What puzzled me though, is why they never fitted it to the blue/black 3.3L?
Surely the 2 barrel varajet on the 173 didn't need as much airflow as the same carby on a 202?

The only downside to an open element air cleaner is reduced performance when it's hot - especially in low-speed (traffic) scenarios. It's a very noticeable drop in performance in my VL V8.
This is where ducting outside air to the filter is very beneficial.


I put one on my 3.3 black motor VK and there is definitely a difference especially when hot. I have 2 more complete air cleaners with wide-mouth inlet and snorkel I will flog them one day. Worth the effort.

castellan Offline
#6 Posted : Saturday, 6 April 2019 9:39:39 AM(UTC)
castellan

Rank: Veteran

Reputation:

Groups: Registered
Joined: 26/02/2009(UTC)
Posts: 1,263

Thanks: 12 times
Was thanked: 11 time(s) in 10 post(s)
On cold nights I found that carby cars performed better, but I don't believe that with EFI that the difference is that great.

With my carby cars I thought boy this thing is really getting a wriggle on tonight, but could never say that with EFI cars.
wbute Offline
#7 Posted : Saturday, 6 April 2019 12:30:10 PM(UTC)
wbute

Rank: Member

Reputation:

Groups: Registered
Joined: 25/01/2010(UTC)
Posts: 848

Thanks: 1 times
Was thanked: 8 time(s) in 8 post(s)
Originally Posted by: castellan Go to Quoted Post
On cold nights I found that carby cars performed better, but I don't believe that with EFI that the difference is that great.

With my carby cars I thought boy this thing is really getting a wriggle on tonight, but could never say that with EFI cars.


Because cold air is denser so you get more bang for your buck, but fuel injected cars always compensate. You would really notice it on dirt bikes at altitude changes. My old XR400 used to pop and crackle at higher altitudes because of the thin air. My fuel injected Husaberg has no personality at all.

Edited by user Saturday, 6 April 2019 12:31:05 PM(UTC)  | Reason: Not specified

castellan Offline
#8 Posted : Sunday, 7 April 2019 9:05:37 AM(UTC)
castellan

Rank: Veteran

Reputation:

Groups: Registered
Joined: 26/02/2009(UTC)
Posts: 1,263

Thanks: 12 times
Was thanked: 11 time(s) in 10 post(s)
Originally Posted by: wbute Go to Quoted Post
Originally Posted by: castellan Go to Quoted Post
On cold nights I found that carby cars performed better, but I don't believe that with EFI that the difference is that great.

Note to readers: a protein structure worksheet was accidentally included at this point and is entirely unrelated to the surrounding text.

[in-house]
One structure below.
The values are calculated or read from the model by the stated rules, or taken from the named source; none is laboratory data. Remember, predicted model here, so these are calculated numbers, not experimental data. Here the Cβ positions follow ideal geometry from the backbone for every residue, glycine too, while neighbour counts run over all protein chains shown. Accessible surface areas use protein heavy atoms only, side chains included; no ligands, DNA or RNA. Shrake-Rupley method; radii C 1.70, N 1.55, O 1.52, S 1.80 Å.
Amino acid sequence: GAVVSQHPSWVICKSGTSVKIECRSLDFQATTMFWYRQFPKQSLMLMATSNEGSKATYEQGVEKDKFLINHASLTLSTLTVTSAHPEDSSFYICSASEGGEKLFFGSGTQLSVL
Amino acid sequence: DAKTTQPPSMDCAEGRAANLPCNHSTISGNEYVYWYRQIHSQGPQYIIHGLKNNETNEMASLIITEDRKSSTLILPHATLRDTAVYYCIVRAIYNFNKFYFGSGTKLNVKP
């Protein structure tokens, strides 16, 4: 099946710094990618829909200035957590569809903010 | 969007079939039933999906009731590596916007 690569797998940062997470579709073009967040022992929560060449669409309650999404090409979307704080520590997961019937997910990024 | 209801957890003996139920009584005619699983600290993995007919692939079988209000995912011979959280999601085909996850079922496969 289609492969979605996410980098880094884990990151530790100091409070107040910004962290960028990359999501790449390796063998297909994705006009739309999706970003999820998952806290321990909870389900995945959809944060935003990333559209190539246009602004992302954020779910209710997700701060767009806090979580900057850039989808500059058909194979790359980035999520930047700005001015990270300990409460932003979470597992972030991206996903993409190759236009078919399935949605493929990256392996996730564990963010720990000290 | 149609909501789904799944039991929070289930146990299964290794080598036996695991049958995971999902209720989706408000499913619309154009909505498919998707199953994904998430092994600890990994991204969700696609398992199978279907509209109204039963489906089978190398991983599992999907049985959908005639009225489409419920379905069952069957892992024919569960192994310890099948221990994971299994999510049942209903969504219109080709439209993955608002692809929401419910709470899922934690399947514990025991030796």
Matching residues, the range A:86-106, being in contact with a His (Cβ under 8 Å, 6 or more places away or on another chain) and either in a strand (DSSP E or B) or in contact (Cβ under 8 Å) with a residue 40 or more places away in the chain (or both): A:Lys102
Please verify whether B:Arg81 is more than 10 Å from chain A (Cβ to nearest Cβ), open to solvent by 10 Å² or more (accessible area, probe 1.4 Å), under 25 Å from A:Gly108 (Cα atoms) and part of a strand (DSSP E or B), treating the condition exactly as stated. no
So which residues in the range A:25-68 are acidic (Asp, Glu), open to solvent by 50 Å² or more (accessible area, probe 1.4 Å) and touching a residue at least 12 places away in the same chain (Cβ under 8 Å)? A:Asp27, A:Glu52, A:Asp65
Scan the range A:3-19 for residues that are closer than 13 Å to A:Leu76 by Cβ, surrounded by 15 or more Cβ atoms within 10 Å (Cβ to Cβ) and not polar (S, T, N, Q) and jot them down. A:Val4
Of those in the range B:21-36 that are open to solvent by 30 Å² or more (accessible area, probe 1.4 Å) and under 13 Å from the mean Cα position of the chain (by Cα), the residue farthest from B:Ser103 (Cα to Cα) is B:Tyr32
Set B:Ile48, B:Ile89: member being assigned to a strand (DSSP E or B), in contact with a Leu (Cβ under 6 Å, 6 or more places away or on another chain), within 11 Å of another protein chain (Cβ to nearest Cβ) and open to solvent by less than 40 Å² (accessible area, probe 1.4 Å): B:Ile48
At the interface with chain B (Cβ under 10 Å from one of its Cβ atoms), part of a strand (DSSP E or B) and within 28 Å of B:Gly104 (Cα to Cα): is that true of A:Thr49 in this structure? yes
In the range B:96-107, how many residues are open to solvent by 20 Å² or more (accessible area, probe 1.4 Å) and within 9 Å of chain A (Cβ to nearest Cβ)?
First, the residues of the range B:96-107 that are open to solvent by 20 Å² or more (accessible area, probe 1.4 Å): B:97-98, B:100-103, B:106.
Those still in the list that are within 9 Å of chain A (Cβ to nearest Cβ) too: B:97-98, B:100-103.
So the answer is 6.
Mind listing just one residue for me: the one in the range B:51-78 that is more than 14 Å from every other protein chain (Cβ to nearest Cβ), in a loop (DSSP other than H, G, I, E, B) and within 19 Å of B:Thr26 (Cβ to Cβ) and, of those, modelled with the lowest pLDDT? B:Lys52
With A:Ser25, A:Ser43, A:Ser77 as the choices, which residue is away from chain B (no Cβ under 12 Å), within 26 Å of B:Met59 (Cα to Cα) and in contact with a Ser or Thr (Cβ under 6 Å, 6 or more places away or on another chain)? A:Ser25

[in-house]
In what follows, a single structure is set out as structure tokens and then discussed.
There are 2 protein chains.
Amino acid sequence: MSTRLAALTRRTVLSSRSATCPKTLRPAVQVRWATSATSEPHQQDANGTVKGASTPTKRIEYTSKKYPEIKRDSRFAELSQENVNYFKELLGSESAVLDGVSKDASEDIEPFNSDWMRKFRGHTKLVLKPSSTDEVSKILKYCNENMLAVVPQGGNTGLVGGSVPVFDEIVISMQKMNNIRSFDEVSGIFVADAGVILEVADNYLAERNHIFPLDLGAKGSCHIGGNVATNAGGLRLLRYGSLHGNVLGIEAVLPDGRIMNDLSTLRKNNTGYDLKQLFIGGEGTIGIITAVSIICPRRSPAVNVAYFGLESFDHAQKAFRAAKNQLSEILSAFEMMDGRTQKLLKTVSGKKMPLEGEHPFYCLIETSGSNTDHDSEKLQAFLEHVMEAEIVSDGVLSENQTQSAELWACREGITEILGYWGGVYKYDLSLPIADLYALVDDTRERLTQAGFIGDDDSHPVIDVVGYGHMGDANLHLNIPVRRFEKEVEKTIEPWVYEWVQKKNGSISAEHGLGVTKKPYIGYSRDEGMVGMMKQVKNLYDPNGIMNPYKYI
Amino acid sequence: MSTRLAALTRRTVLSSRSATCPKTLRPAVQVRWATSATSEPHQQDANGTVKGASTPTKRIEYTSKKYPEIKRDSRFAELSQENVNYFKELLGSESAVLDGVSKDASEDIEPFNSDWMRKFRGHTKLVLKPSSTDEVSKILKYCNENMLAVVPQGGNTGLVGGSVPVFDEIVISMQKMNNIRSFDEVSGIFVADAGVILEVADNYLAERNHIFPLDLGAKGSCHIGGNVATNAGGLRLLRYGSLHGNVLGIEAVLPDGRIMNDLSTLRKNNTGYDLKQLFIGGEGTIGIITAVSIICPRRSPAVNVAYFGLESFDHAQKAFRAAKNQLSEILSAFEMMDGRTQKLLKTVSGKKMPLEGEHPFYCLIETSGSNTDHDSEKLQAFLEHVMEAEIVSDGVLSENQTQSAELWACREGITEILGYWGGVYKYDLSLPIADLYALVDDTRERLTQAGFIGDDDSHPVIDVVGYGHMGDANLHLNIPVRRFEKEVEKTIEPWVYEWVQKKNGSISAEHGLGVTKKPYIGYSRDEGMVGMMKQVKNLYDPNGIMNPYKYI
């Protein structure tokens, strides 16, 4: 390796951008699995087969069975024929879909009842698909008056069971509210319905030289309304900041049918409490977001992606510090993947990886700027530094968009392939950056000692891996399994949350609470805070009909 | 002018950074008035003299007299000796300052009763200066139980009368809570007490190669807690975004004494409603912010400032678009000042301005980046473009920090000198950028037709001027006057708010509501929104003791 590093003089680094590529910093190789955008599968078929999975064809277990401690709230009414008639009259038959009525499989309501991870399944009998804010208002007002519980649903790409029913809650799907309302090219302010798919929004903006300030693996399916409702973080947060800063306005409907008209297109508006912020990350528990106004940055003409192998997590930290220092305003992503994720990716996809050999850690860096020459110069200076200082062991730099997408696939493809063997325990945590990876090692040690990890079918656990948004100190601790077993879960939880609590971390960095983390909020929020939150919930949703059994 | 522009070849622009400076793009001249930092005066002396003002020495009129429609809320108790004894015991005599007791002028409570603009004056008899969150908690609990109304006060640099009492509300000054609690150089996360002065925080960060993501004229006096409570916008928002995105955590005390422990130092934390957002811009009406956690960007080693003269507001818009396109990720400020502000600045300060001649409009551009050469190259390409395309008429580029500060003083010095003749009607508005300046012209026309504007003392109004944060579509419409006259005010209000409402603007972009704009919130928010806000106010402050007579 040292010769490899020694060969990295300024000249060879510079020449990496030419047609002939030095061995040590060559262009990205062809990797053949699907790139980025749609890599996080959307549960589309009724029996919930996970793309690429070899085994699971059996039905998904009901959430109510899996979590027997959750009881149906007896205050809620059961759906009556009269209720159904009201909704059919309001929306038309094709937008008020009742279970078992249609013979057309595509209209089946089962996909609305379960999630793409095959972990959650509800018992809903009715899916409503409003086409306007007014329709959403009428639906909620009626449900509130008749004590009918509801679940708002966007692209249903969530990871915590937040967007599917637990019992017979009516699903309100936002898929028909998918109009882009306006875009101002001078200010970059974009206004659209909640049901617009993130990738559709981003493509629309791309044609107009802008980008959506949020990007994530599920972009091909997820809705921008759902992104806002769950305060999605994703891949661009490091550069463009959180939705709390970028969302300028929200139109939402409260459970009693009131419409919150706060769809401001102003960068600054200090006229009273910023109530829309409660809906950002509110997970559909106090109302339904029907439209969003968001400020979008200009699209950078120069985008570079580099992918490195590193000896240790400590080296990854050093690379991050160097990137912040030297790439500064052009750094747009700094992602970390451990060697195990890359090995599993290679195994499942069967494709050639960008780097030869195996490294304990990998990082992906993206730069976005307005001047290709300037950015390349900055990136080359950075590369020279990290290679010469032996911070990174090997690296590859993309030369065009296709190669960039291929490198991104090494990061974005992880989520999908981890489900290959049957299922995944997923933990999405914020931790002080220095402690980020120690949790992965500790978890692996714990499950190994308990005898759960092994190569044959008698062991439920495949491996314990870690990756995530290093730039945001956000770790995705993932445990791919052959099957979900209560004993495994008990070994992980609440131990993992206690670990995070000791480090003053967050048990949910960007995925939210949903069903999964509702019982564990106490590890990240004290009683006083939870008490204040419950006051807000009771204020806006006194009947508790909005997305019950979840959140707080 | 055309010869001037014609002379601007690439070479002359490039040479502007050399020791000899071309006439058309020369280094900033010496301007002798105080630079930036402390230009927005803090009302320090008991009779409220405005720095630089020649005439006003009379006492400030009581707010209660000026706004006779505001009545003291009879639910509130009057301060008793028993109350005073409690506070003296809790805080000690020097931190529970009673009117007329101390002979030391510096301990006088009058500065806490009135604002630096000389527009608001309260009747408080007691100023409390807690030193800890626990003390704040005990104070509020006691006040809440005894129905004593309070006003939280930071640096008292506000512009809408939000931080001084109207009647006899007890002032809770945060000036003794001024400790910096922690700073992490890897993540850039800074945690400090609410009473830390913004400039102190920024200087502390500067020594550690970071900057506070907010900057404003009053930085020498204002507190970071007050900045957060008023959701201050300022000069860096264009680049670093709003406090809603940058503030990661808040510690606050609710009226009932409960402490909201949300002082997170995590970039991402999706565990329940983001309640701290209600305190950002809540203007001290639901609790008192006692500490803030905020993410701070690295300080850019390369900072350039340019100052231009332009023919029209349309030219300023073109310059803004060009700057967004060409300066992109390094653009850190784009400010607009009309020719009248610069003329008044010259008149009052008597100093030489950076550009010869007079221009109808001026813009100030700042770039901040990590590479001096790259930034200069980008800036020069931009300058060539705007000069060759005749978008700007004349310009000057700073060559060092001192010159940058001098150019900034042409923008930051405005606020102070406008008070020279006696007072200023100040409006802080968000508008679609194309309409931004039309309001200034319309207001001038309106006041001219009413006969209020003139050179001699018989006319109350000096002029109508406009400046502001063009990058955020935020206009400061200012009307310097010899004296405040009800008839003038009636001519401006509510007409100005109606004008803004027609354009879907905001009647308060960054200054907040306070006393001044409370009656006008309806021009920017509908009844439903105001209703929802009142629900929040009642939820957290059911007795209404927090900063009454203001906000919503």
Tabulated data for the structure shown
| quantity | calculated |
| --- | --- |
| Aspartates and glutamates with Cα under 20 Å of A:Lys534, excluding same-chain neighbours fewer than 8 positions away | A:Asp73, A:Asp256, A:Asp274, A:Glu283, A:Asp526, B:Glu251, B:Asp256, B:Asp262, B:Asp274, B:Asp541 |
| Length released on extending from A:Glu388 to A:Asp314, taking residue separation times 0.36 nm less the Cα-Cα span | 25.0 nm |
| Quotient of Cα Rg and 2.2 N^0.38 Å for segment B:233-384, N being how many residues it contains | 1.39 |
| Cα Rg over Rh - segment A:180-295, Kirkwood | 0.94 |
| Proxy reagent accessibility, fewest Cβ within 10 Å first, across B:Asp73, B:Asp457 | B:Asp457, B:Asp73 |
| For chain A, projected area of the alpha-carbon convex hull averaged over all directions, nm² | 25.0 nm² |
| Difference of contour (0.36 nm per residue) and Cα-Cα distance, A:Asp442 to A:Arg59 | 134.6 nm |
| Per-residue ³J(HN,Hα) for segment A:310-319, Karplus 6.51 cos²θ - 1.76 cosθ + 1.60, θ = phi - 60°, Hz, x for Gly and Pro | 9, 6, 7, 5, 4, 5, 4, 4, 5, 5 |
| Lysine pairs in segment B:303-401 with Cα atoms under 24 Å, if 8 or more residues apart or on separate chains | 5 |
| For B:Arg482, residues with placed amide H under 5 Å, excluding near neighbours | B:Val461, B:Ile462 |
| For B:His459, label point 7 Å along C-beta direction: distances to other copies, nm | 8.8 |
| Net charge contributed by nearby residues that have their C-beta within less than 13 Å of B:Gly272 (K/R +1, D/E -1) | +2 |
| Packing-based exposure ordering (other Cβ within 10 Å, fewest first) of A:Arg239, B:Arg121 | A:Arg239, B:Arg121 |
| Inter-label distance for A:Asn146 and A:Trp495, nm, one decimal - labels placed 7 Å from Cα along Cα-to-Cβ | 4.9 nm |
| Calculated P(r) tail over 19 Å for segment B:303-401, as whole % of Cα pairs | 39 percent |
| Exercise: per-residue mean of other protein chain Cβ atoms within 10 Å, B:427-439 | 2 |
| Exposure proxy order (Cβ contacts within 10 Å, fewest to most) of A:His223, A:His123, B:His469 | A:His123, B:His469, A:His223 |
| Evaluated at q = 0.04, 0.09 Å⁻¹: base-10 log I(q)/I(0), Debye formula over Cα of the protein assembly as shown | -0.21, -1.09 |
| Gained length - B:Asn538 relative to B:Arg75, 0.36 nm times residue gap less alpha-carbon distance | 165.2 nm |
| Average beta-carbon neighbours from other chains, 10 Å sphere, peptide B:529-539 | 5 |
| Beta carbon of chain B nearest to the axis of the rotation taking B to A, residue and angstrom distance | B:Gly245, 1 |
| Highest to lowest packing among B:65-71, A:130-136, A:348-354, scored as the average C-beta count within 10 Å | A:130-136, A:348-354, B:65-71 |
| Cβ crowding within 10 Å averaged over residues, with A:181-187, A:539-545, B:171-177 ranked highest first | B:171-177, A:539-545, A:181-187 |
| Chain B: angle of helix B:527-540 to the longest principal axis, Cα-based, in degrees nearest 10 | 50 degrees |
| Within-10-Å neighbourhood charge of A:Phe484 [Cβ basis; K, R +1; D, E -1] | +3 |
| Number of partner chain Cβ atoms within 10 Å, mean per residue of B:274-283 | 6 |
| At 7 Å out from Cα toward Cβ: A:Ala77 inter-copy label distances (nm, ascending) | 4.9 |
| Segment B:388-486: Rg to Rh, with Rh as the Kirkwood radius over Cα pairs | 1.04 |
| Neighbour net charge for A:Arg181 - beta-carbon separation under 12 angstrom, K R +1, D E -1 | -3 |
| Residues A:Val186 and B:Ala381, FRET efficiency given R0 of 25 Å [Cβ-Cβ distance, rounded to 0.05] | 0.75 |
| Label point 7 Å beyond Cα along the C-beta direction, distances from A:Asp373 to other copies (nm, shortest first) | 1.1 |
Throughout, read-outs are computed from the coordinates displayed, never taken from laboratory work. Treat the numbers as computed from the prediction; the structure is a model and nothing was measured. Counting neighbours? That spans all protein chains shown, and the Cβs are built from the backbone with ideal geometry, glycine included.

With my carby cars I thought boy this thing is really getting a wriggle on tonight, but could never say that with EFI cars.


Because cold air is denser so you get more bang for your buck, but fuel injected cars always compensate. You would really notice it on dirt bikes at altitude changes. My old XR400 used to pop and crackle at higher altitudes because of the thin air. My fuel injected Husaberg has no personality at all.


I have the Last of the real Husaberg's 2008 model I bought that new in 2009 because I did not want EFI, as where I go I want to be able to fix it, but I go up to emu vale that's the highest peek in SEQ and I had to adjust the carby at that height.

But a mate with all his EFI V8's he claims the cold nights does make them go better and I do not agree with him. I have always said that he is dreaming.
HK1837 Offline
#9 Posted : Sunday, 7 April 2019 9:21:33 AM(UTC)
HK1837

Rank: Veteran

Reputation:

Groups: Moderator, Registered, Veteran
Joined: 1/03/2005(UTC)
Posts: 12,739

Thanks: 1 times
Was thanked: 147 time(s) in 145 post(s)
My Hilux definitely goes a lot better when it is colder. It sucks air from the inner guard. BUT it may also be the fact the air running through the intercooler radiator makes the intake air colder, so the intake air is colder and the air exiting the supercharger into the engine is cooler. Some places that I drive everyday where I have to give it heaps of throttle to pull out into traffic gaps, if it is a cold winter morning it will leave rubber, if it is a hot day it won't. And you can feel the extra power, could be up to 10kW by seat of the pants.
_______________________________________________________
If we all had the same (good) taste, who would buy all the Fords?
Users browsing this topic
Guest (2)
Forum Jump  
You cannot post new topics in this forum.
You cannot reply to topics in this forum.
You cannot delete your posts in this forum.
You cannot edit your posts in this forum.
You cannot create polls in this forum.
You cannot vote in polls in this forum.

Powered by YAF | YAF © 2003-2019, Yet Another Forum.NET
This page was generated in 0.210 seconds.